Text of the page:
Yet the manuscript recipes do not simply instruct readers how to create ink; they also offer guidelines for its recovery.

"For Recover old Deeds or Manuscripts"

“For Recover old Deeds or Manuscripts”

“Take half a pint of Vinegar, add there to Thirty Gaules Well Bruised and pounded then mix therewith ye Juice of Two Lemmons & foure Onions, & before you make use of them Lett them so stand for Three days you must Use it in this manner. Dipp a feather in ye Bottle & therewith wet that part of ye Writing or Record that is most Illegible & you will soone finde ye Appearance of ye Letters.                  probat[um]: est: Ja: Godfrey.”

As with several of the volume’s manuscript recipes, the instructions to “Recover old Deeds or Manuscripts” ends with a piece of testimony: “probat[um]: est: Ja: Godfrey,” or “it is proven, [by] Ja: Godfrey.” In other words, “this recipe works, I tried it.” (Whether we are dealing with a “Ja[mes]” or “Ja[ne]” Godfrey is unknown.)

Some leaves, of course, simply provide space for doodling.

Illustration of a head

Illustration of a head

This later doodle seems to make a facetious reference to the formulaic “How to …” phrase found in many of the book’s manuscript recipes: “How to draw,” with the sketch of a face.

"How to draw"

“How to draw”

The binding of this volume, finally, offers several clues for understanding the book as a physical object.

Lower cover

Lower cover

Upper cover

Upper cover

Brass belt hook

Brass belt hook

The vellum binding, complete with fore-edge flap, has a brass strip at the lower edge of the upper cover, looped to form a belt hook. The volume, in other words, was not only portable in size but physically built to be carried around, its printed and manuscript recipes easily accessible on the go.

Inscription of Samuel Steele

Inscription of Samuel Steele

It seems likely that the person responsible for both the book’s portable structure and some of its manuscript content is the Samuel Steele who wrote this inscription on the inside of the vellum fore-edge flap: “Samuel Steele his hand and pen deus Omnipotent.” Whether the “Graf Crow” signature on the title page (see image above) refers to another owner who added manuscript content to the volume is unknown, though it is unlikely Steele was the only contributor. Rather, the multiple hands that inscribed the book’s recipes point to a social tradition of manuscript culture built around the volume, a tradition in which recipes were compiled, tested, and transcribed to create a hybrid book of portable knowledge.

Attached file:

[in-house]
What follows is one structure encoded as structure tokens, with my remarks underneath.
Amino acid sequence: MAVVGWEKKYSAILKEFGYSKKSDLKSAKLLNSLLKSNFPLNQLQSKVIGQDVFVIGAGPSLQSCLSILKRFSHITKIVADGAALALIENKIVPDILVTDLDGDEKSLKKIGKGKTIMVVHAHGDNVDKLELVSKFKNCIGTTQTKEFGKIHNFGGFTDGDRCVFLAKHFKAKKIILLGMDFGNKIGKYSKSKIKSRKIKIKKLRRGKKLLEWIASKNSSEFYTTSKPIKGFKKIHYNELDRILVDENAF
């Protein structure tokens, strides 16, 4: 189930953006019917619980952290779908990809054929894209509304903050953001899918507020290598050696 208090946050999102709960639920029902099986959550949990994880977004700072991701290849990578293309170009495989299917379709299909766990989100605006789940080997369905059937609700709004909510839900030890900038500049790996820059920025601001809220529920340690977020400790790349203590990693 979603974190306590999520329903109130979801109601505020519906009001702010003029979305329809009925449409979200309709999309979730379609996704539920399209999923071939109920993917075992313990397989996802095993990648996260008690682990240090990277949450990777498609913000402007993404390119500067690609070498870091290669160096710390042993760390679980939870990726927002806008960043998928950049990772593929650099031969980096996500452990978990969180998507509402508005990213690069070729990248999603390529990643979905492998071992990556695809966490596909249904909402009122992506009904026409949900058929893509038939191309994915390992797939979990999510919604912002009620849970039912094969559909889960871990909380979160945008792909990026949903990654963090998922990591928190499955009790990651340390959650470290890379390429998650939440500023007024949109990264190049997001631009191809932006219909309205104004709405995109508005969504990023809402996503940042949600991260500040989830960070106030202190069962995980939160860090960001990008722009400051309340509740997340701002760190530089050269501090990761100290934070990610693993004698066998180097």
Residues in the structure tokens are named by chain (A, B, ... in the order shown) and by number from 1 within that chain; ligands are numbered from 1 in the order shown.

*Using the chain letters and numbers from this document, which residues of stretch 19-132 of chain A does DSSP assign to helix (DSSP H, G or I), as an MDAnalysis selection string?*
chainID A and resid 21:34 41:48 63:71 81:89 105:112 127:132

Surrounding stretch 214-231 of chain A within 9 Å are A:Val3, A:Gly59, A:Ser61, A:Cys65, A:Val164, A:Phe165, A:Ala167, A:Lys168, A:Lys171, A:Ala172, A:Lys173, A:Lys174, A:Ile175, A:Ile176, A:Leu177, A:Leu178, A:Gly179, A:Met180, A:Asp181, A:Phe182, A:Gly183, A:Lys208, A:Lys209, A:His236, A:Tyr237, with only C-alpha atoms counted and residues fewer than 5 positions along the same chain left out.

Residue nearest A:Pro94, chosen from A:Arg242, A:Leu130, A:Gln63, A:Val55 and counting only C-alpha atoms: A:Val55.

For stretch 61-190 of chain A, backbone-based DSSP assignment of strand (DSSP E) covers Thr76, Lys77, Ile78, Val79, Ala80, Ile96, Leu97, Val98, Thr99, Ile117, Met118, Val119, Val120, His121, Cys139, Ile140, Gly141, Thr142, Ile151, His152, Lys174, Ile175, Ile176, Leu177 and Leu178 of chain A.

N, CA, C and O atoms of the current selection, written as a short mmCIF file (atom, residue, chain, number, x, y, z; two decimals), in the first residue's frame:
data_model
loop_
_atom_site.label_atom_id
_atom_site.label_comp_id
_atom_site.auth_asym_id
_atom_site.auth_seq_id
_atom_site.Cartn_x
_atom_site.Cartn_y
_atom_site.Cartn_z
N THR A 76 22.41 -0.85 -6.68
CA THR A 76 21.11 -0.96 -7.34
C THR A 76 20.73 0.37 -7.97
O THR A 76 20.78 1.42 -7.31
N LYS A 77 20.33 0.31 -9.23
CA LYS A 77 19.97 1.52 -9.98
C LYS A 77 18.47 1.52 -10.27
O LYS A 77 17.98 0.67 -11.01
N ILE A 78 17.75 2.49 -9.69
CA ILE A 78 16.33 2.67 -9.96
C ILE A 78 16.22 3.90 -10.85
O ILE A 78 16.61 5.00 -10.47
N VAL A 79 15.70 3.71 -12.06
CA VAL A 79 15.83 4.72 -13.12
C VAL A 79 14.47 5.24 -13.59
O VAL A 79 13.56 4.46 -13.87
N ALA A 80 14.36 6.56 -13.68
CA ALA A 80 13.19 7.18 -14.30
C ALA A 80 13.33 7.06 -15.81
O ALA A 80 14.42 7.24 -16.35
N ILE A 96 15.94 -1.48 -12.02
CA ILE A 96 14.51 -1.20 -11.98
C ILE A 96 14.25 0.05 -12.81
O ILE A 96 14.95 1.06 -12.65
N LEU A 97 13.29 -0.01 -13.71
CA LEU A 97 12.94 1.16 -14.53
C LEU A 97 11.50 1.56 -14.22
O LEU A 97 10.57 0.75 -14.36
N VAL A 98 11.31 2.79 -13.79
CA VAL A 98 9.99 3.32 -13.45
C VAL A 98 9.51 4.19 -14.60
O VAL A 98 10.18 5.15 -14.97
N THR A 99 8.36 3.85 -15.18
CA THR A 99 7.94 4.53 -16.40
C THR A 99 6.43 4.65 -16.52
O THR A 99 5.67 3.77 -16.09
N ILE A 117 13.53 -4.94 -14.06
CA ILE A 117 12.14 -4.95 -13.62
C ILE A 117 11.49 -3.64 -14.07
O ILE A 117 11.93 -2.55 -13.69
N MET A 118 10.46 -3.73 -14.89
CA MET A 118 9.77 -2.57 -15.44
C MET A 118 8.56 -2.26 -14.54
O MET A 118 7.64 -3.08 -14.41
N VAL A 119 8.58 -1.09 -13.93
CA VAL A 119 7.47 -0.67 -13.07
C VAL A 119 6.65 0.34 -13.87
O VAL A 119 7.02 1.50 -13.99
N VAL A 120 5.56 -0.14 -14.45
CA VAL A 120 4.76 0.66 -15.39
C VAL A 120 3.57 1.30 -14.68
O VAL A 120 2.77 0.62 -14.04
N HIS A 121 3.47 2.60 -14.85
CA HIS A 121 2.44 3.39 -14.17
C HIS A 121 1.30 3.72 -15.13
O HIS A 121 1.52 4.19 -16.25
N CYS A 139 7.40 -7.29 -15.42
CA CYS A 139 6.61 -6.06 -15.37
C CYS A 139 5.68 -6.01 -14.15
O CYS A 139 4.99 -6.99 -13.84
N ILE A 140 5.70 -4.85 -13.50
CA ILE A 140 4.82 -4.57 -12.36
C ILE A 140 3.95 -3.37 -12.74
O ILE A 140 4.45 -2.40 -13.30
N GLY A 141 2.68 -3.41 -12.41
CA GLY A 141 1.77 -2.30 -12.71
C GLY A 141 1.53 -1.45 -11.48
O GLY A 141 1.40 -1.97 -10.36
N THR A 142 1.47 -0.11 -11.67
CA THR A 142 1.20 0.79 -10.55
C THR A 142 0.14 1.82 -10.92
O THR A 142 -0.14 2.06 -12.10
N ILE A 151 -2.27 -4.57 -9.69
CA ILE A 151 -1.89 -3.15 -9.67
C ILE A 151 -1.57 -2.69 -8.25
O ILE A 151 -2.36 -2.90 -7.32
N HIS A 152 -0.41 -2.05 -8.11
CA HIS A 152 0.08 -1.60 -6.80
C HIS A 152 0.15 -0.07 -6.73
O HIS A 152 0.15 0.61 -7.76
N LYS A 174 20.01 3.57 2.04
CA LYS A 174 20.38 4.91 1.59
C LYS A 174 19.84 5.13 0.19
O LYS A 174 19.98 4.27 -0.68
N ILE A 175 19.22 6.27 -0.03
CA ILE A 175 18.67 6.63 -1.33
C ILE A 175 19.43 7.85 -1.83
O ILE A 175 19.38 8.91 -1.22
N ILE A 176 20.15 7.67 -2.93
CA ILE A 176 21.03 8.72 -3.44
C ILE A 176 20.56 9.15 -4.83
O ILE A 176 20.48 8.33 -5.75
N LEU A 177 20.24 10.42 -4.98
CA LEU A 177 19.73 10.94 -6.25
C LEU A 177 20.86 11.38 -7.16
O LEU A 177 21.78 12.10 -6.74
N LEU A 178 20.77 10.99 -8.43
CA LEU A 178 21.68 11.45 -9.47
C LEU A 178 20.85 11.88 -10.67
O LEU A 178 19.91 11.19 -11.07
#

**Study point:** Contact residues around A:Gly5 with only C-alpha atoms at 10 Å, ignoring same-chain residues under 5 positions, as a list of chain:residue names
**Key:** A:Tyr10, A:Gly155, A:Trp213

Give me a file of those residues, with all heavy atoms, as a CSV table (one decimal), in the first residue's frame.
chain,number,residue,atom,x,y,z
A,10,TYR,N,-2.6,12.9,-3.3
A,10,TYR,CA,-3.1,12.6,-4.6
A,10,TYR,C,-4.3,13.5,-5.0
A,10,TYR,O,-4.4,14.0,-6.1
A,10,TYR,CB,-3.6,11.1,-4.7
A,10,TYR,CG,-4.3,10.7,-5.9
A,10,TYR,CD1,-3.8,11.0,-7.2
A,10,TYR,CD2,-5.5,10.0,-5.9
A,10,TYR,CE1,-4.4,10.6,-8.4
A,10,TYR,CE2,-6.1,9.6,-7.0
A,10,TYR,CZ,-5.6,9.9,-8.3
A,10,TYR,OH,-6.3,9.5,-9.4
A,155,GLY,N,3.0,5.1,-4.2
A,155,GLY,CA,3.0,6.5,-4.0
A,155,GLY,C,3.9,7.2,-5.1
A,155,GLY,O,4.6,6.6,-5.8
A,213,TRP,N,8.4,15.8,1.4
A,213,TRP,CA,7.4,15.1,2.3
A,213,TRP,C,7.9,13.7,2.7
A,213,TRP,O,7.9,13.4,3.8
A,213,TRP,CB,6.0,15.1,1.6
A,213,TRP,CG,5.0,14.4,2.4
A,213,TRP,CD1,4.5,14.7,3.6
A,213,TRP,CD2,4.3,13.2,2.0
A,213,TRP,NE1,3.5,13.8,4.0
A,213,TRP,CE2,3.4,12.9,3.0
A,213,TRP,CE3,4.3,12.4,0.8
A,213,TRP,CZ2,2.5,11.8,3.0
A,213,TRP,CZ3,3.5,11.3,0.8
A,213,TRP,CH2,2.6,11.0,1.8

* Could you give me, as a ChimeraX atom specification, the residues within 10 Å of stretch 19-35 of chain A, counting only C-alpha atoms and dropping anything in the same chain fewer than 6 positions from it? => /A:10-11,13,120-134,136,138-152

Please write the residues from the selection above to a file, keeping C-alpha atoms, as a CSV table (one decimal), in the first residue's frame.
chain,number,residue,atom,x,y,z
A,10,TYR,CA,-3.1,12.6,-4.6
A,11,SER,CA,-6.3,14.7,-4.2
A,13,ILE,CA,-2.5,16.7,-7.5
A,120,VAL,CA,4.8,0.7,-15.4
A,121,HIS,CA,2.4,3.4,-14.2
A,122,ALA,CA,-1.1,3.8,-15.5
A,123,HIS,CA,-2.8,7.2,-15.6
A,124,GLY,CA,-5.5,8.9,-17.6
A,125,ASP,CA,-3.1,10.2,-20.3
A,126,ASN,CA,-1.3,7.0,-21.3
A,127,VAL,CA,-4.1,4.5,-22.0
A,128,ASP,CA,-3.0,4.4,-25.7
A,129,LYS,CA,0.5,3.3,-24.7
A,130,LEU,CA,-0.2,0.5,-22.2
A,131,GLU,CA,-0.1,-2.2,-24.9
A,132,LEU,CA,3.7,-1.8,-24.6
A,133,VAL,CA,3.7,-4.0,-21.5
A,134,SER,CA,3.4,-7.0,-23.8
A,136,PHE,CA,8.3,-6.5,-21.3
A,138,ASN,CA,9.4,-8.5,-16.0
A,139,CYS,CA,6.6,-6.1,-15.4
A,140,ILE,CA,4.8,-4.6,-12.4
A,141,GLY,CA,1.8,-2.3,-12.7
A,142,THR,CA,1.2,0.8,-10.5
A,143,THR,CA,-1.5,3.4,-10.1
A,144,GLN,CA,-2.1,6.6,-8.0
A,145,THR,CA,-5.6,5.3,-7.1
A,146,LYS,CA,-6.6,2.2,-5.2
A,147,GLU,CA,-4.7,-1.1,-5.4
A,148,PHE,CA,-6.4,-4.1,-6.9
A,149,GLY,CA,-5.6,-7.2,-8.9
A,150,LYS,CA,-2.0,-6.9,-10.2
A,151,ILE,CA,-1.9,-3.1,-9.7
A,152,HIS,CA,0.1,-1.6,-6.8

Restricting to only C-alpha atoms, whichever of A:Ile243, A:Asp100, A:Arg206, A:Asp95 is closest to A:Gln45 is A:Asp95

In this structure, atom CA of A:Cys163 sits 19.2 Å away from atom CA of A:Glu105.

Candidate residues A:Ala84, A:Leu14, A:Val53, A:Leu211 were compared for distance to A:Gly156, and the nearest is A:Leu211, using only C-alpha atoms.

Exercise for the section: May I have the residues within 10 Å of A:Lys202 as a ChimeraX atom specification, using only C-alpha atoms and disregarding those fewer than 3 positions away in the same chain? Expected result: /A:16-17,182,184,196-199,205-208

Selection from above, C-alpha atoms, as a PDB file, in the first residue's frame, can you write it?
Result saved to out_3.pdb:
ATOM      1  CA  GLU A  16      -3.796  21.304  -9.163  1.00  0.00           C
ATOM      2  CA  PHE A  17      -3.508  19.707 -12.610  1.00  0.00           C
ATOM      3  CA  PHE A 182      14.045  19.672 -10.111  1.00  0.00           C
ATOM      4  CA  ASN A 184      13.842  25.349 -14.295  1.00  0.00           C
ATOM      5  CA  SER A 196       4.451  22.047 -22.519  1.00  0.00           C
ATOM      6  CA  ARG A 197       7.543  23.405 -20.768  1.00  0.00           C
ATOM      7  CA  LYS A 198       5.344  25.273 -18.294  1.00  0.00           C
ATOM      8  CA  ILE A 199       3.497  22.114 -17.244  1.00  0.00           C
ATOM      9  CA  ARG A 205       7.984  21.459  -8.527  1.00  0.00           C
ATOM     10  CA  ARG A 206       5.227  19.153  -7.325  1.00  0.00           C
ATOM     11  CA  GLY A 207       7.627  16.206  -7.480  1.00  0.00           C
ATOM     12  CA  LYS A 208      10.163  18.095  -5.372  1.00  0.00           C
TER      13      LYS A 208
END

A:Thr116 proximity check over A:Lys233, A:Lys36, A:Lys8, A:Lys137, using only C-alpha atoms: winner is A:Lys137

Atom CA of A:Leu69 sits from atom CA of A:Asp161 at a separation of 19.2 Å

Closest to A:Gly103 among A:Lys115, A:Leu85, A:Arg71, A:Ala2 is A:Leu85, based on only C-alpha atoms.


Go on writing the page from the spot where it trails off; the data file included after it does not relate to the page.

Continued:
—Philip S. Palmer, 2014–16 CLIR Postdoctoral Fellow at the Clark

Reading Your Future at the Clark

July 22, 2014

By Reading Room Assistant Stella Castillo

The riddle of your future may be solved at The Clark! Recently, I was wondering what the future may hold, so I decided to look into fortune telling and came across several books detailing how to read your palm among other things (like your moles!) to determine your future. Palmistry, also known as chiromancy, is the art of reading lines on the hand to forecast the future.

palm

One book, in particular, the True Fortune Teller or Guide to Knowledge… (Call Number: BF1851 .T86 1698*) tells the reader in Chapter 2 that: “…first you must understand, that of all of the members of the body, none so plainly exposes our Fortunes or Fates as the Hand; for in that the God of Nature has ingraven legible Characters, to be read by the studious and industrious, to whom it is his pleasure to reveal such secrets And those are the lines and joynts, & c. apparent in the Palm, Thumb and Fingers, which have an immediate intercourse, though by devious ways, with the chief feats of life, having diverse Names.”

 

The method of evaluating a person’s character or future life by reading the palm of that person’s hand involves decoding the various lines and bumps. The lines have names like the life line, the head line, the heart line and the Saturne line. The palmist may begin by reading the person’s dominant hand which, according to some traditions, represents the conscious mind. According to various traditions of palmistry, the non-dominant hand may carry hereditary traits or information about past-life or karmic conditions.

palm2

The history of palmistry is hazy but it is thought to have originated in India with Hindu astrology and spread through the traditional fortune-telling practices of the Romani people to China, Tibet, Persia, Egypt and Ancient Greece. The earliest books on the topic appear in the 15th Century. During the Middle Ages the art of palmistry was actively suppressed by the Catholic Church as pagan superstition due to its associations with magic and witchcraft and it was used to detect witches. In Renaissance magic, palmistry was classified as one of the seven “forbidden arts,” along with necromancy, geomancy, aeromancy, pyromancy, hydromancy, and spatulamancy. It was believed that certain spots on the hand indicated one had made a pact with the Devil. Palmistry saw a resurgence during the 17th century, when scholars began to attempt to find rational and scientific foundations for the practice. However, palmistry was outlawed in Britain during the reign of King George IV.

palm3

I could tell you more about what your palm might say, but perhaps you should come down to The Clark and have a look at how to read your palm yourself.

Henrique Medina’s Picture of Dorian Gray

May 23, 2014